Totally Synthetic by Paul H. Docherty, 30 December 2009
Total Synthesis of Palau'amine
I. B. Seiple, S. Su, I. S. Young, C. A. Lewis, J. Yamaguchi, P. S. Baran, Angew. Chem. Int. Ed. 2010, 49, 1095-1098.
Palau'amine is undoubtedly a challenge; Baran states that ‘the total synthesis of palau'amine has thus far eluded organic chemists despite the dozens of Ph.D. theses… Many well-founded and logical plans to secure the peculiar trans-5,5 core of palau'amine in our laboratory resulted in unfortunate outcomes‘. This maybe explaines the brevity of this post.
The problem with palau’amine has always been the 5,5′-fused system. For about ten years, this was thought to be in a cisoid-configuration, but a recent publication by Baran and Kock reconfigured this as trans. This both helped and hindered synthesis, as whilst trans-5,5′-fused systems are more difficult to make, it brought the target far closer to that of its related structures, such as the axinellamines.
The starting point to the chemistry should be familiar - a similar intermediate shows up in Baran’s 2007 total synthesis of the axinellamines. Using very similar chemistry to that used in the earlier synthesis, Baran’s first move was to install the sole hydroxyl group using silver(II)-picolinate. This stereo- and chemoselective transformation targets only the secondary amine. From there, building a second 2-aminoimidazole ring was done by simply adding cyanamide in brine - rationalised by the propensity in other solvents for the secondary chloride to be displaced. Presumably having a load of chloride ions in solutions favours the desired side of that equilibrium. Bromination of the new aminoimidazole ring provided a functional handle for the next fragment coupling: a masked pyrrole synthesis. As modern methods using palladium failed when attempted, Baran performed an alkylation to complete the C-N linkage, followed by a series of acid mediated methanol eliminations to obtain the aromatic heterocycle, conveniently with the free acid functional group.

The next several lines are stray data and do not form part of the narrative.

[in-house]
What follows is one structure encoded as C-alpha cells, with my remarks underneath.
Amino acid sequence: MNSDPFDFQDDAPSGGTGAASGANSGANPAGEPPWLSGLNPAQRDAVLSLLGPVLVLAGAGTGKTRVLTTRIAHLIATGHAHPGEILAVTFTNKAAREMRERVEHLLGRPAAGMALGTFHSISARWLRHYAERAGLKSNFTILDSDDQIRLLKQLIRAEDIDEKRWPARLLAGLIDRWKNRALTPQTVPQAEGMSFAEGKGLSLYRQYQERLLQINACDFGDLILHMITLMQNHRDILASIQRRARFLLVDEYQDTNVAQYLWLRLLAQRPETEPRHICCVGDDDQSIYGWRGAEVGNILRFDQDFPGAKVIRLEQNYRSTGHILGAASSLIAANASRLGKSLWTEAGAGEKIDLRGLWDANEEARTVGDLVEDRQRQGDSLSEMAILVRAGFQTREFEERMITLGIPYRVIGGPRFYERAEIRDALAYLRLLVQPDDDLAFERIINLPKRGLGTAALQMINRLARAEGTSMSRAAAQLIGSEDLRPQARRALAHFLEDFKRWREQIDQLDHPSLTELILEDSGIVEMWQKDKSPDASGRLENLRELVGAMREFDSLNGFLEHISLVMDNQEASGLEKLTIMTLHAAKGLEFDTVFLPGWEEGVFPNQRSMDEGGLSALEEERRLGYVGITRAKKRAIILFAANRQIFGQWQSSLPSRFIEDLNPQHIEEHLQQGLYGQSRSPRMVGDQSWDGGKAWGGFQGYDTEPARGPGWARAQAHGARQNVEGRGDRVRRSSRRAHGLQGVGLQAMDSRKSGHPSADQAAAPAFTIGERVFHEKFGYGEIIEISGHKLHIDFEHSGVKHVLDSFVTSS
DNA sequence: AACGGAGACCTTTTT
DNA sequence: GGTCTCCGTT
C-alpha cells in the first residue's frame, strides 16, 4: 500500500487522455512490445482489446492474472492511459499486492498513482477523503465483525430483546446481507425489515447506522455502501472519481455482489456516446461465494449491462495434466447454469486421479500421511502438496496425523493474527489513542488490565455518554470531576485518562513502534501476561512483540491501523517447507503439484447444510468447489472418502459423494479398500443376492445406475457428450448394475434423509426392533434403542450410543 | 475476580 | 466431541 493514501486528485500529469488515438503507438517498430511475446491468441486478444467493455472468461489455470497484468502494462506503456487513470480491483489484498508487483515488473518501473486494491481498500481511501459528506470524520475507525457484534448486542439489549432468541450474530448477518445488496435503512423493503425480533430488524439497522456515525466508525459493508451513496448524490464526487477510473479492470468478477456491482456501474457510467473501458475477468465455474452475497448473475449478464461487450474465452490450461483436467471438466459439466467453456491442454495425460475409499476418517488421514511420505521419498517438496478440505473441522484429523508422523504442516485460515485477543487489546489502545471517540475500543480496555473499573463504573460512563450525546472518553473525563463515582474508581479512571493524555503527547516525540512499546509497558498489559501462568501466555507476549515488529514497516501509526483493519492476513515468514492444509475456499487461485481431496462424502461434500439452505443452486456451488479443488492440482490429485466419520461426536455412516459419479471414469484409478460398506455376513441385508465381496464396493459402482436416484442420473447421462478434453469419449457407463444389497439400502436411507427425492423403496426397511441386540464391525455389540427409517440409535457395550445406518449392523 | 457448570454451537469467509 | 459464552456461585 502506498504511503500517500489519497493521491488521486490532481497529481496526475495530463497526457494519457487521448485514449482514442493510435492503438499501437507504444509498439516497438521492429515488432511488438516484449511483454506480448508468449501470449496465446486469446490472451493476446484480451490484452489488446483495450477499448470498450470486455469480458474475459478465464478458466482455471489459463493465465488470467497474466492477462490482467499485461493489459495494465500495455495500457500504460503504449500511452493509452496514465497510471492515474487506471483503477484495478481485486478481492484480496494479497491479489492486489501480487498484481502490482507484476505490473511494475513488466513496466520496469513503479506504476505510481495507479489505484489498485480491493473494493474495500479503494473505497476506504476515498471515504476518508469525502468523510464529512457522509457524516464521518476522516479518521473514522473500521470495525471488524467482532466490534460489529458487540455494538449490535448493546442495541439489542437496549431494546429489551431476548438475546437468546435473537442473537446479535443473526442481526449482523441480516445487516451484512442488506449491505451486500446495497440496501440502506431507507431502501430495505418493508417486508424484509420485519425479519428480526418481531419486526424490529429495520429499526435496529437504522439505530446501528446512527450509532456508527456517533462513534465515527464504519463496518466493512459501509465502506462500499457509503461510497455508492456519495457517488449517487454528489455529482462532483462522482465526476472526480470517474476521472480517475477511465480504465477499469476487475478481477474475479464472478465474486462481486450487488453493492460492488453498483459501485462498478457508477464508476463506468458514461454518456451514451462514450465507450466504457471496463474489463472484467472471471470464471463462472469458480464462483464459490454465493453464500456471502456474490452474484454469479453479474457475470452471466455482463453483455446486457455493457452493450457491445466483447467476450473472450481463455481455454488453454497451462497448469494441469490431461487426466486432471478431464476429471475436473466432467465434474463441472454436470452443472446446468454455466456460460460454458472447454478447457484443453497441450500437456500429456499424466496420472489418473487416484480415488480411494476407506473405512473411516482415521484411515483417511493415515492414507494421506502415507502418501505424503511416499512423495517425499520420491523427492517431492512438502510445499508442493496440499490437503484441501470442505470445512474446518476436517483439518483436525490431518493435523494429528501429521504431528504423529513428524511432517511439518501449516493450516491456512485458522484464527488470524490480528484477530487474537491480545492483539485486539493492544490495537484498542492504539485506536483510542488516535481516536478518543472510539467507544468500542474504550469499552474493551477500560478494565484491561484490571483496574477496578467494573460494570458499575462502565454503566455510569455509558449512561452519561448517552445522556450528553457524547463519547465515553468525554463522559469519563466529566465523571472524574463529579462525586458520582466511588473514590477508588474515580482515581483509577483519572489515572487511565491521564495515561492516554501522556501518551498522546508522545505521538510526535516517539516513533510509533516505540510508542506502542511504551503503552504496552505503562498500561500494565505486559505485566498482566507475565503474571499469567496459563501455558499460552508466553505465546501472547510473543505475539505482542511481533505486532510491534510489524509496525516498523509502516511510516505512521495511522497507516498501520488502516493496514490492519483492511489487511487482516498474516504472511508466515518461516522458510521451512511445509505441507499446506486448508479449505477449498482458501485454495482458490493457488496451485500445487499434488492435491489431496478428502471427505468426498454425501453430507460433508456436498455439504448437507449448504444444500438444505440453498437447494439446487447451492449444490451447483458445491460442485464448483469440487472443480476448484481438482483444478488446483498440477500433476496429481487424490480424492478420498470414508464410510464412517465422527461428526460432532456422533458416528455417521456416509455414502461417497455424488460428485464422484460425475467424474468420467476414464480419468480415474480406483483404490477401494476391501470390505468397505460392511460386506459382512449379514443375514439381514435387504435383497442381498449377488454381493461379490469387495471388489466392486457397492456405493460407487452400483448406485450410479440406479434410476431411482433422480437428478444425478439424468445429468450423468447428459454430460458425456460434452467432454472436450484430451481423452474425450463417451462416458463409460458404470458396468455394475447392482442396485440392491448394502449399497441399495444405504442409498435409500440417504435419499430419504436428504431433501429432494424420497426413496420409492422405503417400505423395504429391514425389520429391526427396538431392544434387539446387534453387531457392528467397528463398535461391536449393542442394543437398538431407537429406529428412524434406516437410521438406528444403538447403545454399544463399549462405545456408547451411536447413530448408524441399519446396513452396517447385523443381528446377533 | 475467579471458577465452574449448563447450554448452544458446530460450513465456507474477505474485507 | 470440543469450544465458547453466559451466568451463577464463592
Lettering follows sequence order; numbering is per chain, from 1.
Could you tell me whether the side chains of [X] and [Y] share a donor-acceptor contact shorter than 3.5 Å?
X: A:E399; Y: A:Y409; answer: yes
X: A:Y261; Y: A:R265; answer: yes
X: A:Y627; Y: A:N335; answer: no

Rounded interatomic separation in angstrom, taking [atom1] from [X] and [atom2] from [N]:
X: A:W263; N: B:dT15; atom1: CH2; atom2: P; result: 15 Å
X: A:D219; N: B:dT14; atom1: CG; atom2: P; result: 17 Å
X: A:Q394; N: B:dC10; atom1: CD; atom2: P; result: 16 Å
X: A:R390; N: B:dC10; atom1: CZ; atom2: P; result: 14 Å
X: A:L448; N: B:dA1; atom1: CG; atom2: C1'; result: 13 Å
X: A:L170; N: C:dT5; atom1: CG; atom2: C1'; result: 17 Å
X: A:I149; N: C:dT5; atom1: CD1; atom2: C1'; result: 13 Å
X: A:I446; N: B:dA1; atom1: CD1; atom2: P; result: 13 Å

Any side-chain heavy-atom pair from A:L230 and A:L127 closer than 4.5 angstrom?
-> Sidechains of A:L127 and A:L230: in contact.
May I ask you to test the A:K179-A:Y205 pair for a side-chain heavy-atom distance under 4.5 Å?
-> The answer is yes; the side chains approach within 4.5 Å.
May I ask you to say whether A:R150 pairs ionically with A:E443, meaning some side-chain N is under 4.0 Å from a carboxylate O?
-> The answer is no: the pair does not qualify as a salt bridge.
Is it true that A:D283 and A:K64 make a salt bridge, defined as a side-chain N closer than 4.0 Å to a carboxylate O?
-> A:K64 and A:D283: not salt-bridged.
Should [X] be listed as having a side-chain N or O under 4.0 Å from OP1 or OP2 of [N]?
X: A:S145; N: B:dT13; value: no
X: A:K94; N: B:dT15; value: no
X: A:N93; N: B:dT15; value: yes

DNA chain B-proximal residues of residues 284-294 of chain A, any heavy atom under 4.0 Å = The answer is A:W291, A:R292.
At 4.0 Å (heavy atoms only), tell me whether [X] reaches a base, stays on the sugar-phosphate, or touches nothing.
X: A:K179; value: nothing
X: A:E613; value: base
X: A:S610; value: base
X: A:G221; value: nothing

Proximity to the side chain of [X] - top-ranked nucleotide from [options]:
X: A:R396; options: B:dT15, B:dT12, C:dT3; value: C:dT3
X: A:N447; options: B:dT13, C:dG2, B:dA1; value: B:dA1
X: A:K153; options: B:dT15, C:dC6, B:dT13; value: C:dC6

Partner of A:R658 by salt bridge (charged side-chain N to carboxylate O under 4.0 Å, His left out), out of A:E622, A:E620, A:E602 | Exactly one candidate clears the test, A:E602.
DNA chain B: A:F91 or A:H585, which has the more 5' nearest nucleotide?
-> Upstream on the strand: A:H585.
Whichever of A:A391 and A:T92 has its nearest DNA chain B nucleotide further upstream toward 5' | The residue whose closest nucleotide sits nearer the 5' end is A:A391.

The final three reactions will complete the total synthesis: hydrogenation using palladium acetate in a hydrogen atmosphere reduced the azide groups to a pair of primary amines. Treatment of the amino acid system with EDC/HOBt formed a macrolactone, presumably favouring the nine-member ring over the ten. This macrocycle, named ‘macro-palau’amine‘ by Baran was the key to his synthesis, as the addition of acid promoted a transannular cyclisation between amide nitrogen N-14 and imine C-10. Astoundingly, this reaction was selective for the trans-configured 5,5′-fused system, and thereby completed the synthesis of palau’amine.
Now that’s a very nice total synthesis. The legacy of palau’amine is confounded logic, and ultimately the triumph of human endeavour.